John Wilkerson, sci-fi author, journalist, and ghostwriter, is a bit of a plotter and a bit of a pantser. However, he prefers the term “dungeon crawler.” Before starting a novel, he outlines the first three or four chapters, so that he knows where the story is going. His plotting device, however, is taken straight out of role-playing games: he plots out the story by location. In those locations, he decides who’s going to live, who’s going to die, and what generally happens. But he plots out very few details before a story is done because he’s sure that a character will change it before he arrives at those details. Even though Wilkerson has a very specific way of writing, he doesn’t recommend it for everyone. “When it comes down to the point, we’re all creative in our own way. Do whatever works for you,” he says. Listen to Wilkerson in the clip below as he explains his planning process and gives authors tips on how to discover their own processes.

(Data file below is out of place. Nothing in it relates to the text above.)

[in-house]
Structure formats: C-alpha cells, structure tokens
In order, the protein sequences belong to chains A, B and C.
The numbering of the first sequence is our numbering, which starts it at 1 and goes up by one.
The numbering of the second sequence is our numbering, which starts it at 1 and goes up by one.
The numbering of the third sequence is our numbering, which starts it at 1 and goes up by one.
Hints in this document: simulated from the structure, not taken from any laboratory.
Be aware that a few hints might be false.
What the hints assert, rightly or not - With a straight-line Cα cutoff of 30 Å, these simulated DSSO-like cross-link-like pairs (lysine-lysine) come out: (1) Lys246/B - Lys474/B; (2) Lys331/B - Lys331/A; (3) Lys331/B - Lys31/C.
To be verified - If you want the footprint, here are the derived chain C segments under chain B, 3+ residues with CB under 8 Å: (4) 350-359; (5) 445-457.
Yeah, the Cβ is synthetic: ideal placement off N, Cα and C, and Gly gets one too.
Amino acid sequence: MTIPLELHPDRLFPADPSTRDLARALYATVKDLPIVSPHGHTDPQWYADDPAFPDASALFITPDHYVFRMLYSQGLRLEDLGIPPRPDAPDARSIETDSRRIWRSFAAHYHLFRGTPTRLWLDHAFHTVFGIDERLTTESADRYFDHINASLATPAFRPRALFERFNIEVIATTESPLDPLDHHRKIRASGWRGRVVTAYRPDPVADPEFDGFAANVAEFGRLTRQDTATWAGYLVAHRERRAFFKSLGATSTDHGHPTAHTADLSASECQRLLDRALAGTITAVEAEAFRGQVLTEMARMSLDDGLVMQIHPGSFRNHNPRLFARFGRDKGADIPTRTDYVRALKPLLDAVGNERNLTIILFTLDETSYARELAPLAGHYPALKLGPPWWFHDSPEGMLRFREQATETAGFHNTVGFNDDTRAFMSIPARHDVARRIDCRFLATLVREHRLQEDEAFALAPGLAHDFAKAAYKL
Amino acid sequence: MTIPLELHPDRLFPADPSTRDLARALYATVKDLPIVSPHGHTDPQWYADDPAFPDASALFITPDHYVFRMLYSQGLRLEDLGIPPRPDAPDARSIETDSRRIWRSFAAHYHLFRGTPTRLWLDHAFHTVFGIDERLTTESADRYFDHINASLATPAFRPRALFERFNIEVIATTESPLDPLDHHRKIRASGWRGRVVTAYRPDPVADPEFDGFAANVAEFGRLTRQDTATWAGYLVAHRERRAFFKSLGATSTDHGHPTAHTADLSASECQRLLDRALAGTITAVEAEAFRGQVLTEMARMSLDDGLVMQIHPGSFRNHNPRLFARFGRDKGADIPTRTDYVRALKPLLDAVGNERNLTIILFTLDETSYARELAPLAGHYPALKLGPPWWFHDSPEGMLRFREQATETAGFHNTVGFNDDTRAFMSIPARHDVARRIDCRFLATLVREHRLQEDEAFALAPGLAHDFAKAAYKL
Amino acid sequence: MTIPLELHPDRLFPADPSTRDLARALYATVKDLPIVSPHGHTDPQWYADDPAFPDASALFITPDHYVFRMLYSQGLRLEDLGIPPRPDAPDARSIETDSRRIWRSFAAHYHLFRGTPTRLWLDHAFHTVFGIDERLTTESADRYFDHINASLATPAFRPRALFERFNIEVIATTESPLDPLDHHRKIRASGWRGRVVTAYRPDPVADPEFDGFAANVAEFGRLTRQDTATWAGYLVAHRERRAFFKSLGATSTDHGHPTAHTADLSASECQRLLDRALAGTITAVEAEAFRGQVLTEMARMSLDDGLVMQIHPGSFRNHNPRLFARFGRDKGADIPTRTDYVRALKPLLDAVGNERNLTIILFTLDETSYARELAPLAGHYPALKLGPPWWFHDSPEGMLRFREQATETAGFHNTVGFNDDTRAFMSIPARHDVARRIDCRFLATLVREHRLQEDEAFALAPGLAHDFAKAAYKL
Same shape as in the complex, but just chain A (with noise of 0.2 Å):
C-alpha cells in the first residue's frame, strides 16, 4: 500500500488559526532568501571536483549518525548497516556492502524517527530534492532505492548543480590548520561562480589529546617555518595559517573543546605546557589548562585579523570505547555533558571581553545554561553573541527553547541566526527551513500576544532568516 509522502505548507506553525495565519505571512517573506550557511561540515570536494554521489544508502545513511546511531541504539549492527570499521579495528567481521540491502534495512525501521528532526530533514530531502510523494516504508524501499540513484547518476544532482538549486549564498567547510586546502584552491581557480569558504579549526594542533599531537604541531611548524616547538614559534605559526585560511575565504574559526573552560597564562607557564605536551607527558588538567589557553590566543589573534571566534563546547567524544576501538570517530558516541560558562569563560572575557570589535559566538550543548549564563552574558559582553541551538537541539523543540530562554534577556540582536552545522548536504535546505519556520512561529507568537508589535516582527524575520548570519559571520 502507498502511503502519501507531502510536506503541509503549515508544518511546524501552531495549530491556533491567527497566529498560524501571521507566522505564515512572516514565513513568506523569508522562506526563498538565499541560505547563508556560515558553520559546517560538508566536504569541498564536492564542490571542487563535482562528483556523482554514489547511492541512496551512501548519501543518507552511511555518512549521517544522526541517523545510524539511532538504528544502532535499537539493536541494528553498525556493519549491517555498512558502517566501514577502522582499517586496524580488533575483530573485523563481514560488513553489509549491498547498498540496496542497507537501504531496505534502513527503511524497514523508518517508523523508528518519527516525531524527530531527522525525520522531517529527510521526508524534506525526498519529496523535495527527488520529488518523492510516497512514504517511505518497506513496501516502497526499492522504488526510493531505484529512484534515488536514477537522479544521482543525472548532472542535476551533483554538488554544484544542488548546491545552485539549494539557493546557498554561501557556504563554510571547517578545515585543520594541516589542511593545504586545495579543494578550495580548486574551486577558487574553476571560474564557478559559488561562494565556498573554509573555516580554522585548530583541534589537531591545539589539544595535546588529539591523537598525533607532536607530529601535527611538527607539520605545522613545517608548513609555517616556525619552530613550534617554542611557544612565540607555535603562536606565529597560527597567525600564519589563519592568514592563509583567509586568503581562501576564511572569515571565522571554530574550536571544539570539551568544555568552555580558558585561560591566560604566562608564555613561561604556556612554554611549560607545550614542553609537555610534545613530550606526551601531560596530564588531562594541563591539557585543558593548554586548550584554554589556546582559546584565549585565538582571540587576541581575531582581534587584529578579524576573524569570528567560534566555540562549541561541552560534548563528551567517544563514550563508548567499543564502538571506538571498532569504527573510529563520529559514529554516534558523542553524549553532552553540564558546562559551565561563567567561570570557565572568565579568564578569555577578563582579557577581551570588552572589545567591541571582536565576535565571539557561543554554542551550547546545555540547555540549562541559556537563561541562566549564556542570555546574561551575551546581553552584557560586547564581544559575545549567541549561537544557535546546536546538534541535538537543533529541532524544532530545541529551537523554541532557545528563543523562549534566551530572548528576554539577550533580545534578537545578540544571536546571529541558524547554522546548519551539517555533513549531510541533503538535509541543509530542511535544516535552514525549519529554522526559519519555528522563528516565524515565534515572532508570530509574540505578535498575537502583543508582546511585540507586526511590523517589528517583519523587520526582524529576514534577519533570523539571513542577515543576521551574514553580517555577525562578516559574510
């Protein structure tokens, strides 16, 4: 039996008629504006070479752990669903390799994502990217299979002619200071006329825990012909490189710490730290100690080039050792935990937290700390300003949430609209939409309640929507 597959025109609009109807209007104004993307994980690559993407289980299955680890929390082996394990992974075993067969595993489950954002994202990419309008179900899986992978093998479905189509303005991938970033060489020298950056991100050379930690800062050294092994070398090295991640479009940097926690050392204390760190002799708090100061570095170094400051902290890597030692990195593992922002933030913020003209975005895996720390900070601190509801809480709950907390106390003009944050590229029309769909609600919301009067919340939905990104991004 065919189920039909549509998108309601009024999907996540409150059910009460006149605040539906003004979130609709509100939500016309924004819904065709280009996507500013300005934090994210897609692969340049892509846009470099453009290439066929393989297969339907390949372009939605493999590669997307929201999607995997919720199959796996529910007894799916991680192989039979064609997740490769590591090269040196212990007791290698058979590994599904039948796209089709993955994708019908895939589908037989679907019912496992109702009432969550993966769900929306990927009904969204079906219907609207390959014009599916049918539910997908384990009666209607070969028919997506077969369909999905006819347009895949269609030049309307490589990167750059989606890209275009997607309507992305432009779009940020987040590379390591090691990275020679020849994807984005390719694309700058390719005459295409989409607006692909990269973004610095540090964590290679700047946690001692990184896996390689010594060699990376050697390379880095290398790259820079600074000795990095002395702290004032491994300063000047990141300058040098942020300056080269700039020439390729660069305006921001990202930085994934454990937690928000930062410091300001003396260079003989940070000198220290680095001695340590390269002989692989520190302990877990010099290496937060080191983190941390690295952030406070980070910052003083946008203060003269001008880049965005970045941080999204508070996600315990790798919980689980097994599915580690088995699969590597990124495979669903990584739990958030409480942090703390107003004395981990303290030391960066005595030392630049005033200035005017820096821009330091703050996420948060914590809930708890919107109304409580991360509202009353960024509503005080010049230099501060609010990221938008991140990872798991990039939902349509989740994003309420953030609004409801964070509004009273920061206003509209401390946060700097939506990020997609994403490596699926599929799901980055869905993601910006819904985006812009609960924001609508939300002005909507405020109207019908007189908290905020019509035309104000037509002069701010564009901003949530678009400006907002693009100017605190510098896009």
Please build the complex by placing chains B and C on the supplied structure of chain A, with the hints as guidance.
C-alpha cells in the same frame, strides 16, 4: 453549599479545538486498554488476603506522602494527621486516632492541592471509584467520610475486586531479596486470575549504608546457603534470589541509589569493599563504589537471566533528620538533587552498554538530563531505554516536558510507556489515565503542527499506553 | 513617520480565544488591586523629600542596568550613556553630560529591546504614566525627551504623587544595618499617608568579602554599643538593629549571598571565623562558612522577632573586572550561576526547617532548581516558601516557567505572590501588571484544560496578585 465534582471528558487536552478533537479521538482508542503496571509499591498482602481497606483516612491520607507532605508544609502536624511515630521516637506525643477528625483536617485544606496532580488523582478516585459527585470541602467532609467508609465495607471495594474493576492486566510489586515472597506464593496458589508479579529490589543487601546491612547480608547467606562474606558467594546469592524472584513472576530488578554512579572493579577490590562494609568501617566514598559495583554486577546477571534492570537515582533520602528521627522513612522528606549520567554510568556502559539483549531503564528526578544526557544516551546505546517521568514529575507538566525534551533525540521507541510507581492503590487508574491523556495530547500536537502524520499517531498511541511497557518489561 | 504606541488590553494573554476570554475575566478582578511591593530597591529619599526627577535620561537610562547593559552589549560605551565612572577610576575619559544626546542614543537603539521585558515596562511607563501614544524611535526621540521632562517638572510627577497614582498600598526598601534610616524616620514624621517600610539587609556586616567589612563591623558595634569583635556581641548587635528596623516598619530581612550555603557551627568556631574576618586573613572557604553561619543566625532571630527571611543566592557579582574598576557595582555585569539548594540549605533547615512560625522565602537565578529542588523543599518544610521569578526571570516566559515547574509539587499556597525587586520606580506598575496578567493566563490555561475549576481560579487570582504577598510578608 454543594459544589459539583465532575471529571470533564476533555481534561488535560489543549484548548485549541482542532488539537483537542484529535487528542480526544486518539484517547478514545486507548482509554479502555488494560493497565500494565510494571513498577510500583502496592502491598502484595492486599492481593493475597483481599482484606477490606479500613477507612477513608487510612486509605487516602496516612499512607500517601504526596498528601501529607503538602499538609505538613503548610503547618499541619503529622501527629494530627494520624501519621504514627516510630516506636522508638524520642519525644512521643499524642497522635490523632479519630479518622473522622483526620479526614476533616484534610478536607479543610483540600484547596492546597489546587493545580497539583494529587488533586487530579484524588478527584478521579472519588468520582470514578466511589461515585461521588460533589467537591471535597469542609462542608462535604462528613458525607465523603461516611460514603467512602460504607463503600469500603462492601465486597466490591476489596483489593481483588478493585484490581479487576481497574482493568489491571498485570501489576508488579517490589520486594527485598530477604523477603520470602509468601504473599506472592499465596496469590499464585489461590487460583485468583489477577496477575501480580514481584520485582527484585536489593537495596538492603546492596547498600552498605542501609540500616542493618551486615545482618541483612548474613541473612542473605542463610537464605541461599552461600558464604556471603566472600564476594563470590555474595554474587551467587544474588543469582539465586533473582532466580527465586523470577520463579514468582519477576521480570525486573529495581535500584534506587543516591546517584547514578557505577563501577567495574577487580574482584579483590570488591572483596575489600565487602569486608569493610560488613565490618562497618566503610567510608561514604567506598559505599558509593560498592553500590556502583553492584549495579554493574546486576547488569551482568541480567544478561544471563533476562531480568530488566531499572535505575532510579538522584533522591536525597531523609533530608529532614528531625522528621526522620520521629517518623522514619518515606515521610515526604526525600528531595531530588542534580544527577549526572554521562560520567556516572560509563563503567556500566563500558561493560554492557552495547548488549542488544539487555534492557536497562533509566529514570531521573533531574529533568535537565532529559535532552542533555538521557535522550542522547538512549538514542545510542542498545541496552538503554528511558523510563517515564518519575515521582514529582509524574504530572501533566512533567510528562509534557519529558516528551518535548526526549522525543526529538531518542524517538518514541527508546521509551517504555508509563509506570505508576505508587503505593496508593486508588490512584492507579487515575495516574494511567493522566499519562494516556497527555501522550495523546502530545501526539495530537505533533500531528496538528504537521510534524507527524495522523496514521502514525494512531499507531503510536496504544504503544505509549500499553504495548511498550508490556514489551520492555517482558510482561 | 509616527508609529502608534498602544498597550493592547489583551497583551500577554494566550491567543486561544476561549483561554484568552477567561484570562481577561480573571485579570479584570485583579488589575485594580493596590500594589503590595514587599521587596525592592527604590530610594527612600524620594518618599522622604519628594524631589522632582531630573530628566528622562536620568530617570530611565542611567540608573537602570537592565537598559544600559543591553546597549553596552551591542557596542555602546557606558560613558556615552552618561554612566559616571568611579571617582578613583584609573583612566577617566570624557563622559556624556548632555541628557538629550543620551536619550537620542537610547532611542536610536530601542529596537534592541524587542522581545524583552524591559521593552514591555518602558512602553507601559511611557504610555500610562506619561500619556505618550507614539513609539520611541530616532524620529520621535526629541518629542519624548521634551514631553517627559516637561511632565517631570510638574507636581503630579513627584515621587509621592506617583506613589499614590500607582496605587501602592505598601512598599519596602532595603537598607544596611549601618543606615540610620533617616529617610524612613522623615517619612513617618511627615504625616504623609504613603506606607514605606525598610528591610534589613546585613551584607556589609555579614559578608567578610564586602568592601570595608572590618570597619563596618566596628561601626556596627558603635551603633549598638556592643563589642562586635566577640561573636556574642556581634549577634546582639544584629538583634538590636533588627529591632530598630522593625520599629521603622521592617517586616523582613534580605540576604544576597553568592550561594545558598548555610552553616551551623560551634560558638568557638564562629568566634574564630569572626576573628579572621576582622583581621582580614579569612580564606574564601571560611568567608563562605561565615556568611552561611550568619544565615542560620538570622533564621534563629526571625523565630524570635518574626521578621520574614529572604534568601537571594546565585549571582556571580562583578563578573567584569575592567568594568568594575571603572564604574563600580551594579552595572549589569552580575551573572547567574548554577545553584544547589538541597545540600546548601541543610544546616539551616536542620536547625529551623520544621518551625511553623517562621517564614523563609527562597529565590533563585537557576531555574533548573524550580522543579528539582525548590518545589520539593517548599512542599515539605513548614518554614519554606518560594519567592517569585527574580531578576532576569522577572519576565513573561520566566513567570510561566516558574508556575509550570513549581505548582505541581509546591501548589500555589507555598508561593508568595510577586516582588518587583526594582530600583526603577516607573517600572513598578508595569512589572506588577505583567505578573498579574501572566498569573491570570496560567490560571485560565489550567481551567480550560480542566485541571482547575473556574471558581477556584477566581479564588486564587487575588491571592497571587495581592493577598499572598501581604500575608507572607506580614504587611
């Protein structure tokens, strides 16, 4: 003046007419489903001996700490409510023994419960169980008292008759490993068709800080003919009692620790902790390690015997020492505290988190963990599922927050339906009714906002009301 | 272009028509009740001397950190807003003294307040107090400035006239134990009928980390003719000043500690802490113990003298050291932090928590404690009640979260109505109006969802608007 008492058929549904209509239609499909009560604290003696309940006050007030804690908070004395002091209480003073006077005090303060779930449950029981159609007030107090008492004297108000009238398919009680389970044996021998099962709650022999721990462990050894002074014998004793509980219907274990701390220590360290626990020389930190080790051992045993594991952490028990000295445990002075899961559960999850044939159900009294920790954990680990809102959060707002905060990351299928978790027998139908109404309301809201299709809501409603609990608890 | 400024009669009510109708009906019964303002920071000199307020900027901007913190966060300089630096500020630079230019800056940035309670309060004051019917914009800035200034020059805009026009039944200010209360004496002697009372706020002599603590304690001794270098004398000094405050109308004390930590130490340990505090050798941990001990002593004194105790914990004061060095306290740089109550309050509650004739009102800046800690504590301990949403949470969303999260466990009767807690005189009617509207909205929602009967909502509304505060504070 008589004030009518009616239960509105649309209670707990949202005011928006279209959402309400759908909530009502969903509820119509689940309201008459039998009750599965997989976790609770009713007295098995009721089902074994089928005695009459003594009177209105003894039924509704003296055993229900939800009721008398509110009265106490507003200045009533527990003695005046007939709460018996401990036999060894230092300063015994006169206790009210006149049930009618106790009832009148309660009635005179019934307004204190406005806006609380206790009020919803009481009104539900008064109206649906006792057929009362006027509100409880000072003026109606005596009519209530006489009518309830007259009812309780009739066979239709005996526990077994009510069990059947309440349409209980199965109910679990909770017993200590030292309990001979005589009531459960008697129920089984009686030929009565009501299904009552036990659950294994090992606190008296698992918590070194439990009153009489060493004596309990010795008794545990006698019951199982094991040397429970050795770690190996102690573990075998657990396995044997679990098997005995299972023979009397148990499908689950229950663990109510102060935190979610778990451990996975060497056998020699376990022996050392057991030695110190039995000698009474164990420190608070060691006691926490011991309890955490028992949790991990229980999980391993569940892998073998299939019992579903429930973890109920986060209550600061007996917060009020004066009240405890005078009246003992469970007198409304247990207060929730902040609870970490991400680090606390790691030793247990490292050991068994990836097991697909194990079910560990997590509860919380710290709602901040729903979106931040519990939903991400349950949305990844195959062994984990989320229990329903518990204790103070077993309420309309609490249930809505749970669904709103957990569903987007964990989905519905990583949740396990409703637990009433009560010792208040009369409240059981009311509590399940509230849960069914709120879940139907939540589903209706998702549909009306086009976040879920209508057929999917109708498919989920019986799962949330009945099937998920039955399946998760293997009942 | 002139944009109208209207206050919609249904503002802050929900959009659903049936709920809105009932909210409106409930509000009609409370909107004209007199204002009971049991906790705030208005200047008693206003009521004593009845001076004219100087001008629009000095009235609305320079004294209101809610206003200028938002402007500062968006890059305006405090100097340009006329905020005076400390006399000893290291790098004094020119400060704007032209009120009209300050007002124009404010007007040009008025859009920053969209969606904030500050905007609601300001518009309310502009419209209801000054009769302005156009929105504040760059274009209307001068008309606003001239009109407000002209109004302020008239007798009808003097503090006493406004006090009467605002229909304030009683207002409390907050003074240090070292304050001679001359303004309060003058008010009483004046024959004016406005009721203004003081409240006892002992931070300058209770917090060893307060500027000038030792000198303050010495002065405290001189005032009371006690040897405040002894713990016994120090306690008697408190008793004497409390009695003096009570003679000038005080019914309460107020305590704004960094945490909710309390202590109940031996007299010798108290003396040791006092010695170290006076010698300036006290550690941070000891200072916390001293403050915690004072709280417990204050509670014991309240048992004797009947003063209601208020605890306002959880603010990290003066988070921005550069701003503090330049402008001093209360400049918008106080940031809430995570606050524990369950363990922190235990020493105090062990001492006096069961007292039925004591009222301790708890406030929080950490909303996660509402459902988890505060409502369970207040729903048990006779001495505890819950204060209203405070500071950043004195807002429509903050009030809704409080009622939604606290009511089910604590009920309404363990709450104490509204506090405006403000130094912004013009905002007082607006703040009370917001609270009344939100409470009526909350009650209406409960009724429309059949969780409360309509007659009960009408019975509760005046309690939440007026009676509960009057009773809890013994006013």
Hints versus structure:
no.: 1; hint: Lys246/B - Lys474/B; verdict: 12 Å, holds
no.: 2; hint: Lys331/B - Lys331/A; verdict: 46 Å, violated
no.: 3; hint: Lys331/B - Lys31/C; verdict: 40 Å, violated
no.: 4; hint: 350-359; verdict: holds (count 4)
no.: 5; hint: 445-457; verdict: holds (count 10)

I found a book on Amazon called Writing Great Stories that has the best approach to outlining and structuring I've ever read. The chapters in the book are called Story Structure and Story Maps. The author writes very clearly.
Thank you. This is very helpful.
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